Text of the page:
court proceedings do not fit the general rule: juvenile hearings and commitment hearings 7 for involuntary admission. A commitment hearing for involuntary admission is a hearing where a judicial officer makes a determination as to whether an individual will be committed to a mental health facility involuntarily. Records of these hearings, which consist of any medical records, reports of evaluations, and all court documents, must be sealed when the subject of the hearing requests it. Tape recordings are made of the proceedings. The tapes are sealed and held by court clerks. These records can only be 8 released by court order. Although their records are confidential, the hearings themselves must be open to the public and certain information about the hearing 9 is, at least in theory, publicly available. This would include the name of the subject and the time, date, and location of the hearing. Of course, there is no central location where this information is stored so, as a practical matter, unless an interested party knew where the hearing was being held or who was presiding over it, that person would have a difficult time uncovering such information. For example, Cho's commitment hearing occurred approximately 12 hours after he was detained. Logistical difficulties also make it difficult to visit psychiatric facilities, which are common locations for commitment hearings. The key, though, is that the information is public. In Cho's case, the Virginia Tech Police Department (VTPD) was aware that he had been detained pending a commitment hearing. VTPD could have shared this information with
7 Va. Code § 17.1-208 (circuit court records open to the public). Regarding juvenile court records: under Virginia law, juvenile court records are even more tightly restricted than juvenile law enforcement records. Court records can only be used within the juvenile justice system unless a judge orders the records released. Va. Code § 16.1-305 8 Va. Code § 37.2-818. Cho was the subject of a commitment hearing for involuntary admission on December 14, 2005. The panel obtained the tape recording and records of this hearing through court order. 9 Va. Code § 37.2-820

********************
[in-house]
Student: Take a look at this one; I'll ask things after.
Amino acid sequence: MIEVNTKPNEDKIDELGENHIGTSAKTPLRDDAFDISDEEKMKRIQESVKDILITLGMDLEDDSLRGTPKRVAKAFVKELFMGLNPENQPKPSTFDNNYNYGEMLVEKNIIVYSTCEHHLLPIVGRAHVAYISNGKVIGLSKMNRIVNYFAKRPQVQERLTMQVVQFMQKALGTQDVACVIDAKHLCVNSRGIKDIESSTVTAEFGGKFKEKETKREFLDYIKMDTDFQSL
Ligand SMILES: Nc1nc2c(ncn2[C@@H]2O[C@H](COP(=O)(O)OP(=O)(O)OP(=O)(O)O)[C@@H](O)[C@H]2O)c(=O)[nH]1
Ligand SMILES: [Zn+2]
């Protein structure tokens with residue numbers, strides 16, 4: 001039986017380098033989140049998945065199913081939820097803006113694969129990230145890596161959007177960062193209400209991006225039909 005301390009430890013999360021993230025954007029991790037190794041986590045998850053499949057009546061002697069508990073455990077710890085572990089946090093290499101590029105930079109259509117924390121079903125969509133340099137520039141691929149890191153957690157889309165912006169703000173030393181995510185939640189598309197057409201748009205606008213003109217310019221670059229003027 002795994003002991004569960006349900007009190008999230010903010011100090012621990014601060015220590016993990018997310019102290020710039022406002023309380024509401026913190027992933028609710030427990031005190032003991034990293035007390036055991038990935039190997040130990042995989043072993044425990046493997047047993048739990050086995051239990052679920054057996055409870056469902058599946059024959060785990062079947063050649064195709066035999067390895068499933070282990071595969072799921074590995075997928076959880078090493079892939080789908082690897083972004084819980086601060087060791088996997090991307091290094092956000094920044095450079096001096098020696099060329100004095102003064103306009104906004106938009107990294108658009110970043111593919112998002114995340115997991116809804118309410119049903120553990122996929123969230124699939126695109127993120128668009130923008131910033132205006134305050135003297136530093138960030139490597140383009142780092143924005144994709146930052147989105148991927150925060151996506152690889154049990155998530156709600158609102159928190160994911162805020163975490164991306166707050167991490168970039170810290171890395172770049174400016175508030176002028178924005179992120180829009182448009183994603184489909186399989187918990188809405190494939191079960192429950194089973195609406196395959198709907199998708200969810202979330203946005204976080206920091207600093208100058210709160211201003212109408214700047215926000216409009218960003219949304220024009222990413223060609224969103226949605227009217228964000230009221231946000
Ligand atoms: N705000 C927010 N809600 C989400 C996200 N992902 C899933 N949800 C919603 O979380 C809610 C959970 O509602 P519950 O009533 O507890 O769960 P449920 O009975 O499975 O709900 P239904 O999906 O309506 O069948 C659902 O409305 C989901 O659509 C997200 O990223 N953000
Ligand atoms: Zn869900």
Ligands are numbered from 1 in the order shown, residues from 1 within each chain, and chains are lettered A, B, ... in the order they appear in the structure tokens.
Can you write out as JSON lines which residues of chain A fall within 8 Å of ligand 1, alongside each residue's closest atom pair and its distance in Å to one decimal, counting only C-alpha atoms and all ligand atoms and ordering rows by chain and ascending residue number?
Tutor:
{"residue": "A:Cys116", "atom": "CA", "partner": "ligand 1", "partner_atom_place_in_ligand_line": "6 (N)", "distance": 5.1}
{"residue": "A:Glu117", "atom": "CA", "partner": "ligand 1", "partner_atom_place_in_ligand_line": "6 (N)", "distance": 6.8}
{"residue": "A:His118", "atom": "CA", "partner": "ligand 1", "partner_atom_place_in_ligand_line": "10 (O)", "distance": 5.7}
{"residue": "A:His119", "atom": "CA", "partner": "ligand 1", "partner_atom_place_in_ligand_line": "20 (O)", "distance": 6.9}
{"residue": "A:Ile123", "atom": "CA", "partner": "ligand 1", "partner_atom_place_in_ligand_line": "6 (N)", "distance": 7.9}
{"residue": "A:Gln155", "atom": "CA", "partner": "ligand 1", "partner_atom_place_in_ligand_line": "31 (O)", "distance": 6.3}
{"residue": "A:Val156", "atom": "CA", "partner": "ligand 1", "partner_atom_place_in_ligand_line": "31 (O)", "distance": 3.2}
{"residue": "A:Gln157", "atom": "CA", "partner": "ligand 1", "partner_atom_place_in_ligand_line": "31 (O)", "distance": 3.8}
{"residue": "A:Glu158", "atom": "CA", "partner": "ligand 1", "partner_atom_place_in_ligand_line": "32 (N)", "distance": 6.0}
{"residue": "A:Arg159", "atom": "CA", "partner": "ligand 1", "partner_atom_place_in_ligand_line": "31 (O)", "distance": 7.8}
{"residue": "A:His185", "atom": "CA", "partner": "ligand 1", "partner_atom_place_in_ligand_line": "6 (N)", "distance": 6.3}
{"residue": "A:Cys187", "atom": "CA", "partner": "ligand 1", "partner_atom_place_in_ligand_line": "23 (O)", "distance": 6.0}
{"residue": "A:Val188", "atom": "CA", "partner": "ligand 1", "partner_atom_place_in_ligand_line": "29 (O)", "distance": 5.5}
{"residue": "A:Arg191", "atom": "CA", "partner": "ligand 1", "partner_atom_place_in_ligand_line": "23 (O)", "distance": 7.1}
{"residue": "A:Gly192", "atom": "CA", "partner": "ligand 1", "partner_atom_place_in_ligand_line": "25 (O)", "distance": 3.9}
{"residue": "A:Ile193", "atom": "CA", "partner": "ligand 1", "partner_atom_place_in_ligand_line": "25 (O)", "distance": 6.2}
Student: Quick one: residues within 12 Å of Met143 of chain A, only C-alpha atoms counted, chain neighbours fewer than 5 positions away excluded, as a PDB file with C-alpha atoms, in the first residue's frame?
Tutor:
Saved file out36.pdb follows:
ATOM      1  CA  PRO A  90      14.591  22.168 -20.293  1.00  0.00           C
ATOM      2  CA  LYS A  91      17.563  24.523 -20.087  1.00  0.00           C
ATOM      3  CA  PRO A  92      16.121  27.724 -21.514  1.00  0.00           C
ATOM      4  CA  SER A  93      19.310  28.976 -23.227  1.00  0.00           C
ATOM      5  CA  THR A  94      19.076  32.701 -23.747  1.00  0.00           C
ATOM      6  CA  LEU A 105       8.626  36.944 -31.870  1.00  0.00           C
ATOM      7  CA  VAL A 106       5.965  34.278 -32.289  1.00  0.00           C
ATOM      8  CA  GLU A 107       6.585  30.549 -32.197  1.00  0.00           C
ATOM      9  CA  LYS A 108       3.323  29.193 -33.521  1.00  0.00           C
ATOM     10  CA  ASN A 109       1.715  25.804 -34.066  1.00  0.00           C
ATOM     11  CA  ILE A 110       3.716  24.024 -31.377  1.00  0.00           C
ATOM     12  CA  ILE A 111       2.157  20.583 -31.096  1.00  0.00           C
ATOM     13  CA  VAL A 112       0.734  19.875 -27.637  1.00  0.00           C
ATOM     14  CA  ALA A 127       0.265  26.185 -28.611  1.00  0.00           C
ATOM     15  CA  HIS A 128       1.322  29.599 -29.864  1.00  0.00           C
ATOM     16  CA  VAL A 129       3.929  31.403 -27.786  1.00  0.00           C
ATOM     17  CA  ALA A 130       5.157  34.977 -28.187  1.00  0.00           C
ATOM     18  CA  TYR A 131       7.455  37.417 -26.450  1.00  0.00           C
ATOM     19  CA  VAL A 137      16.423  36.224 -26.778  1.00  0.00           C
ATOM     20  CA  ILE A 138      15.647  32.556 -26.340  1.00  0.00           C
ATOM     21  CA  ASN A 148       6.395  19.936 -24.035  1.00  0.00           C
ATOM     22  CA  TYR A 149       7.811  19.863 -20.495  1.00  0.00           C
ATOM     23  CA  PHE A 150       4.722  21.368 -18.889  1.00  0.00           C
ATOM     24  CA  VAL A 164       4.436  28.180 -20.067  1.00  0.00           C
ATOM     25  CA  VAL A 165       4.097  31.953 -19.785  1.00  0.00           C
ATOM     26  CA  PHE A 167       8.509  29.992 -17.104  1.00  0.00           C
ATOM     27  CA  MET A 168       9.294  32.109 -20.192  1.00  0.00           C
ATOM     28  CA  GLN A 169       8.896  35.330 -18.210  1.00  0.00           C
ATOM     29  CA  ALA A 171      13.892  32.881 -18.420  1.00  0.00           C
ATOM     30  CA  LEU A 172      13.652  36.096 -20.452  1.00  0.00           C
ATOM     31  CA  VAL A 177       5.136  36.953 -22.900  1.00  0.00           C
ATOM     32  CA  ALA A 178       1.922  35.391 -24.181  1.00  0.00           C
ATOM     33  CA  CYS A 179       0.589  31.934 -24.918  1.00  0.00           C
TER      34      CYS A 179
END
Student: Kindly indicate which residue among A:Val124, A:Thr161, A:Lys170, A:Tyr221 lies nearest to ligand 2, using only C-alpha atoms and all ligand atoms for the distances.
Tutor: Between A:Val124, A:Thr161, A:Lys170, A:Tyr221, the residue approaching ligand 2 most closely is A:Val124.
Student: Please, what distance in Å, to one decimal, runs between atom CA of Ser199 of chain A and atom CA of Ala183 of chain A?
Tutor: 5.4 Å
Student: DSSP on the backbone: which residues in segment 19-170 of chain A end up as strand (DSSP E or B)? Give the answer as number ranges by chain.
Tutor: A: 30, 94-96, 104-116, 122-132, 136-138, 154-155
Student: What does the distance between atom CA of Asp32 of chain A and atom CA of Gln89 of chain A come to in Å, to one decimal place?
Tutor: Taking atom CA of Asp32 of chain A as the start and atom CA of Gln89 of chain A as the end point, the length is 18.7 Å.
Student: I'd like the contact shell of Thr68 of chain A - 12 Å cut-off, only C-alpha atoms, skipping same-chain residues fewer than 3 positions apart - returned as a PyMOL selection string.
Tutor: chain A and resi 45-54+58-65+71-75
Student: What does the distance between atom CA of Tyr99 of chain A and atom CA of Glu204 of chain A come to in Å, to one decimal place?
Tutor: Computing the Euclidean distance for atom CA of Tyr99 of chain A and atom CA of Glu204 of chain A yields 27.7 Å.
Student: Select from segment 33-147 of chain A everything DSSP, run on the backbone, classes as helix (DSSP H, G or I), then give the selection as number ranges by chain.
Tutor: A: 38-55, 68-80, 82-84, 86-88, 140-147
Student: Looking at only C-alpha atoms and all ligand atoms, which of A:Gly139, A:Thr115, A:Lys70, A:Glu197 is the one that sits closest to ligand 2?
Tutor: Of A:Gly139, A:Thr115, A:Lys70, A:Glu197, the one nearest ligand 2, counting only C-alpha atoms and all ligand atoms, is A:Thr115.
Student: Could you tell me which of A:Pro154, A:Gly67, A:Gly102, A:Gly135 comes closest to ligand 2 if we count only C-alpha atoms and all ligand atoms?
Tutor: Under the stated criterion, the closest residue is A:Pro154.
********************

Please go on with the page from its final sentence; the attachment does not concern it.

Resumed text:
s a general matter, court records are public and can be widely disclosed. For the purposes of responding to troubled students, two types of
Law enforcement records regarding juveniles (persons under 18) have special restrictions regarding disclosure. Normally, they can only be released to other parts of the juvenile justice system or to parents of an underaged suspect. However, Virginia law also authorizes, but does not require, law enforcement to share information with school principals about offenders who commit a serious felony, arson, or weapons offense. Police can tell principals when they believe a juvenile is a suspect or when a juvenile is charged with an offense. After the case is finished, law enforcement officials can tell principals the outcome. Va. Code § 16.1-301 3 20 U.S.C. § 1092(f)(4)(A) 4 Va. Code § 23-232.2(B) 5 Va. Code § 23-232.2(B) 6 Va. Code § 2.2-3706
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university administration or Cho's parents, though they did not.
oth state and federal law govern privacy of medical information. The federal Health Insurance and Portability and Accountability Act of 1996 and regulations by the Secretary of Health and Human Services establish the federal standards. Together, the law and regulations are commonly known as “HIPAA.” Virginia law on medical information privacy is found in the Virginia Health Records Privacy Act (VHRPA). HIPAA and Virginia law have similar standards. They both state that health information is private and can only be disclosed for certain reasons. When specific provisions conflict, HIPAA can preempt a state law, making the state law ineffective. Generally, this occurs when a state law attempts to be less protective of privacy than the federal law or rules. Both laws apply to all medical providers and billing entities. They define “provider” broadly to include doctors, nurses, therapists, counselors, social workers, and health organizations such as HMOs and insurance companies, among others. Three basic types of disclosures are permitted under these medical information privacy laws: • Requests made or approved by the person who is the subject of the records. These exceptions are based on the idea that the privacy laws are for the benefit of the person being treated. If the patient asks for his or her records from a health care provider or provides written authorization, the provider must release them. Disclosure when information must be shared in order to make medical treatment effective. Medical privacy laws allow providers to share information with each other when necessary for treatment pur10 poses. If a medical provider needs to